UK utility IoT network trial brings together 9 companies
Utilities Digital Solutions Europe

UK utility IoT network trial brings together 9 companies

Monday, 20 May 2019

Several companies in the digital water space are collaborating with water utility South East Water as part of a Narrowband Internet of Things trial.

Ambitious multi-stakeholder collaboration to combine data from its pressure and water quality monitors with the aim to reduce leakage levels

South East Water assembles multiple smart water layers

A UK water utility has embarked on an ambitious multi-stakeholder collaboration to combine data from its pressure and water quality monitors with the aim to reduce leakage levels.

South East Water, which supplies 2.2 million customers in Southern England, is conducting a trial on 2000 homes that will bring together different datasets for analysis. The initiative follows a full Narrowband Internet of Things (NBIoT) commercial agreement with telecommunications company, Vodafone UK.

Water industry collaboration

Nine companies in total will be involved on the collaboration, including: Vodafone UK, ATi and Syrinix, Xylem, Gutermann, Diehl, Sensus, ZTec and Honeywell.

South East Water said the collaboration with ATi and Syrinix is the first time data from both their pressure and water quality monitors have been combined into one data set for analysis.

The scope of the industry-wide collaboration is to test the latest cutting edge digital water meters, sensors, advanced analytics and telecommunications channels.

According to the utility, the data received at regular intervals from the digital meters and sensors could “revolutionise the way we look for and prevent leaks in the future, further reducing interruptions to supply, reducing the water we take from the environment”.

In a nutshell – the data will enable the company to predict and prevent pipeline failure before it happens.

UK utility IoT network trial brings together 9 companies

Digitalisation of UK water utilities

Elsewhere in the UK efforts are underway from other utilities increasing the analysis of data and using new solutions to improve the efficiency of water supply.

Severn Trent has been using machine learning to help transform the way it approaches leakages in a new trial. Teaming up with French company Capgemini, the water utility has collected five billion records of flow and pressure data, to which it is applying advanced analytics.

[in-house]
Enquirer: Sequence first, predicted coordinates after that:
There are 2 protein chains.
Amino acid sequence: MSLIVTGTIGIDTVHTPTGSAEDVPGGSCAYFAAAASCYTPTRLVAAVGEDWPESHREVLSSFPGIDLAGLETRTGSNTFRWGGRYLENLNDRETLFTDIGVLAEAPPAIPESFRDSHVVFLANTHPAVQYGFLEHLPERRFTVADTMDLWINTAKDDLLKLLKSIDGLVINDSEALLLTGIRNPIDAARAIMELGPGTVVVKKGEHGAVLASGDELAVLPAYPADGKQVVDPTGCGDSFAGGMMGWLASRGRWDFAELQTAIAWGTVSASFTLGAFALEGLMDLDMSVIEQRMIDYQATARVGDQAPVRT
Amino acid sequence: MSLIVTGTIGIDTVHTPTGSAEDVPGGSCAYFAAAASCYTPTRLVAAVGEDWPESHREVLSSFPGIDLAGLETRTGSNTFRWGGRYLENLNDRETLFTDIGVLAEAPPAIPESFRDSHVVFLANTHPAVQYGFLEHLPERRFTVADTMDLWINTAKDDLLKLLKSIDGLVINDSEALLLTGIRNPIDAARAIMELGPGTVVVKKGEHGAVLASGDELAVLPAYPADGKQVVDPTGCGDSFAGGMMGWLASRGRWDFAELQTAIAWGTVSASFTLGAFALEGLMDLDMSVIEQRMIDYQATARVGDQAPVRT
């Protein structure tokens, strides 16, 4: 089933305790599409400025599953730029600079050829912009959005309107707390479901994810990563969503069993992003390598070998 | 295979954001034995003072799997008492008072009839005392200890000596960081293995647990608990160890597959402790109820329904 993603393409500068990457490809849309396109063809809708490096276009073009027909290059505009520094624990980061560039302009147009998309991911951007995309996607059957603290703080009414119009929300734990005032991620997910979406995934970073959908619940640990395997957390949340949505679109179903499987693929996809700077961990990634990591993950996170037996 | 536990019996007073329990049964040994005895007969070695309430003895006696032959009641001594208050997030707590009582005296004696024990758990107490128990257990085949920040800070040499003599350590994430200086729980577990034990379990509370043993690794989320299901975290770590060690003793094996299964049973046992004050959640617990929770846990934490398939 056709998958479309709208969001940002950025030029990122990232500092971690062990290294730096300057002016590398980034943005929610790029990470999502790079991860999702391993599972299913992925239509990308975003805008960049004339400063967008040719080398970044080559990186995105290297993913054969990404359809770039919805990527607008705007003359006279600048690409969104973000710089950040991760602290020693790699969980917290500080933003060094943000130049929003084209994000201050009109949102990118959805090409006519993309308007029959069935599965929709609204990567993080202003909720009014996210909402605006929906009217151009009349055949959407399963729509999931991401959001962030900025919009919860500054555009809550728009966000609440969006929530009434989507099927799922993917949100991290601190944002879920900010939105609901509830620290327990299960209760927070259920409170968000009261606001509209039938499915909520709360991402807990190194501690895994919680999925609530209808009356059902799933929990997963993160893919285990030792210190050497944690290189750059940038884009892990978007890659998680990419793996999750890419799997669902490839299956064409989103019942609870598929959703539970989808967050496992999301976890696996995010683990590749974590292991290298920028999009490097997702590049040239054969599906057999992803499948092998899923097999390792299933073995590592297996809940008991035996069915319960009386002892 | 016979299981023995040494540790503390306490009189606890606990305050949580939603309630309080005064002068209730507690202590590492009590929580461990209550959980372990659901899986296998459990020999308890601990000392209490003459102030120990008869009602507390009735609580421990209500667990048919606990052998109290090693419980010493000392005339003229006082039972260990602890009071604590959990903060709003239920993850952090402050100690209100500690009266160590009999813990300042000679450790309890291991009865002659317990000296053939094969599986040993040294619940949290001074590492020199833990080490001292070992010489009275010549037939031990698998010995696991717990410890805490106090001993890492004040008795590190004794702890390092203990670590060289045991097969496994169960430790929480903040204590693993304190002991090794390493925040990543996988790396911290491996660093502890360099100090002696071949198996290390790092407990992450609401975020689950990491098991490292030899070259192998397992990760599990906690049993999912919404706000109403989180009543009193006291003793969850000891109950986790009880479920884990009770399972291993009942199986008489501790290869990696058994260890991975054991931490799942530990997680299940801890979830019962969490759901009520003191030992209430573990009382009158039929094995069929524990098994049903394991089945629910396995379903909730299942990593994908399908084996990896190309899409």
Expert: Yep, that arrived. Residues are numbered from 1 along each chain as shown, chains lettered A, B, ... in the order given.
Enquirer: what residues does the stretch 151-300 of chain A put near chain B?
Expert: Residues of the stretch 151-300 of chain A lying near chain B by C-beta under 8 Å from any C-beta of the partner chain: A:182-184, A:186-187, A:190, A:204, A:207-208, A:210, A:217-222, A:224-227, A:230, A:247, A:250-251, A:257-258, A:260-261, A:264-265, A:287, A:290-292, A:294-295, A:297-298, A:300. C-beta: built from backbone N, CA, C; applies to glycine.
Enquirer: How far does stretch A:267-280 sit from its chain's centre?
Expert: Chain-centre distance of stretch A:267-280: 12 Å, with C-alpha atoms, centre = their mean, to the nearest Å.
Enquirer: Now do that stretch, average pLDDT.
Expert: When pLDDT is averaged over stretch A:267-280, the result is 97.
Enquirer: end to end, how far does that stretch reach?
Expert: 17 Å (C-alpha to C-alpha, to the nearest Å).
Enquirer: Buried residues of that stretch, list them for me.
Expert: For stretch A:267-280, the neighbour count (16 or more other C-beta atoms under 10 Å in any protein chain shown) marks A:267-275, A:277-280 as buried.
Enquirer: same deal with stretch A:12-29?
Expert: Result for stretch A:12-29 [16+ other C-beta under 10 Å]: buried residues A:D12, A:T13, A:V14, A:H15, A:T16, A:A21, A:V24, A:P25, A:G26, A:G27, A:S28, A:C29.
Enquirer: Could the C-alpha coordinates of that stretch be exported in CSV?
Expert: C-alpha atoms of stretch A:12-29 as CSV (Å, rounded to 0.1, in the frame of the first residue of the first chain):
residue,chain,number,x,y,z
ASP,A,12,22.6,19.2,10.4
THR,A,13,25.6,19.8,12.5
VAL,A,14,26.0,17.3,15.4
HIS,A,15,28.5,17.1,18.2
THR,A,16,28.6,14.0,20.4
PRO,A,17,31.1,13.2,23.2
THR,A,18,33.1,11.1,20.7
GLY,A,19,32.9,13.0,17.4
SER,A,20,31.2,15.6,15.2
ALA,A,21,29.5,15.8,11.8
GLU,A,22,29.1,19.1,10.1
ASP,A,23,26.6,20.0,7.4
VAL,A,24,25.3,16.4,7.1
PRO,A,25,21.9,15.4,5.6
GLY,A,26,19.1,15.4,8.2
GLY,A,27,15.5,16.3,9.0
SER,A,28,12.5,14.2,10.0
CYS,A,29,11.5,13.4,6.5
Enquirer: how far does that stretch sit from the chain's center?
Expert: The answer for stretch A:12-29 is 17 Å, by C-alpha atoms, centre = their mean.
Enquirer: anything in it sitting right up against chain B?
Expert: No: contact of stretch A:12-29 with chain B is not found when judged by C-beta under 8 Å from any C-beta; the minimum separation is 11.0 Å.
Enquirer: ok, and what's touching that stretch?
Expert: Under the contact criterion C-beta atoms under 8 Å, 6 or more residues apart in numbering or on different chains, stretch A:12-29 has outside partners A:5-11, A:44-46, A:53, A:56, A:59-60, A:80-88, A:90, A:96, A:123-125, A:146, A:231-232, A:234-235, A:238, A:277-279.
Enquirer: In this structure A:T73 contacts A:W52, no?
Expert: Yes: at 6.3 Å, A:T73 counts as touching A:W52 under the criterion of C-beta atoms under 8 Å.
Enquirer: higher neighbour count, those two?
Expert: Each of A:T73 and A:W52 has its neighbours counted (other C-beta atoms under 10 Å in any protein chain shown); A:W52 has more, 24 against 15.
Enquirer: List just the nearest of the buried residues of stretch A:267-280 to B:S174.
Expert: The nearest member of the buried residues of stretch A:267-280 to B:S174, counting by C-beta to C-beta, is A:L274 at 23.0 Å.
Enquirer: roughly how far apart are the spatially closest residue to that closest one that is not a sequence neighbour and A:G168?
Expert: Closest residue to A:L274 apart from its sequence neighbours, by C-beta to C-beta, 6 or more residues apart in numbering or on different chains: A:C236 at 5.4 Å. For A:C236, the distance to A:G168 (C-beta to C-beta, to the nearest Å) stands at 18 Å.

Meanwhile United Utilities (UU) signed an eight-year framework agreement with Canadian start-up company, Emagin, to use artificial intelligence to adapt drinking water operations. This followed a 12-week demonstration in a District Metered Zone (DMA), in which UU estimates a 22 percent cost saving was generated.

Smart water network layers

Commenting on the South East Water trial, Dr Simon Earl, operations director said: “It represents a step change in the efficiency of providing this digital information as it doesn’t require the often prohibitive costs of installing new apparatus such as radio masts to transmit local data back to a central point.”

While the water utility has met its leakage target for more than 10 years, it anticipates this new development will help it meeting a commitment to reduce leakage levels by 15 percent by 2025.

Dr Mike Strahan, managing director Europe at ATi said the project is the “first time all the layers needed for a smart water network have been brought together”.

Meanwhile, one industry source welcomed the initiative but remains cautious on the IoT route.

“For domestic water meters this is a good idea – theoretically any IoT device is good as you are basically creating a secure mesh network for something that is very low in basic data requirements,” he said. “What the device pushes out is very low data transmissivity but from multiple devices.”

“However, when it comes to online process instrumentation then forget it – most devices are HART enabled. When we finally get around to using the HART capabilities, or even multiple process values (flow, level, temperature) in this case the IoT is not the solution to go for, as the data transmission rates that are needed are too high.”

Narrowband IoT

“Narrowband Internet of Things technology has the power to transform the utilities sector,” said Anne Sheehan, director of Vodafone Business. “It enables a more accurate and efficient method of identifying and preventing leaks, helping companies like South East Water meet important regulatory and environmental standards.”

NB-IoT is a low power wide area network (LPWAN) technology, developed to enable efficient communication, long battery life for mass distributed devices and lower costs for wide geographical footprints.

As a specification, NB-IoT was developed by 3GPP and was standardised as part of 3GPP Release 12 back in June 2016.

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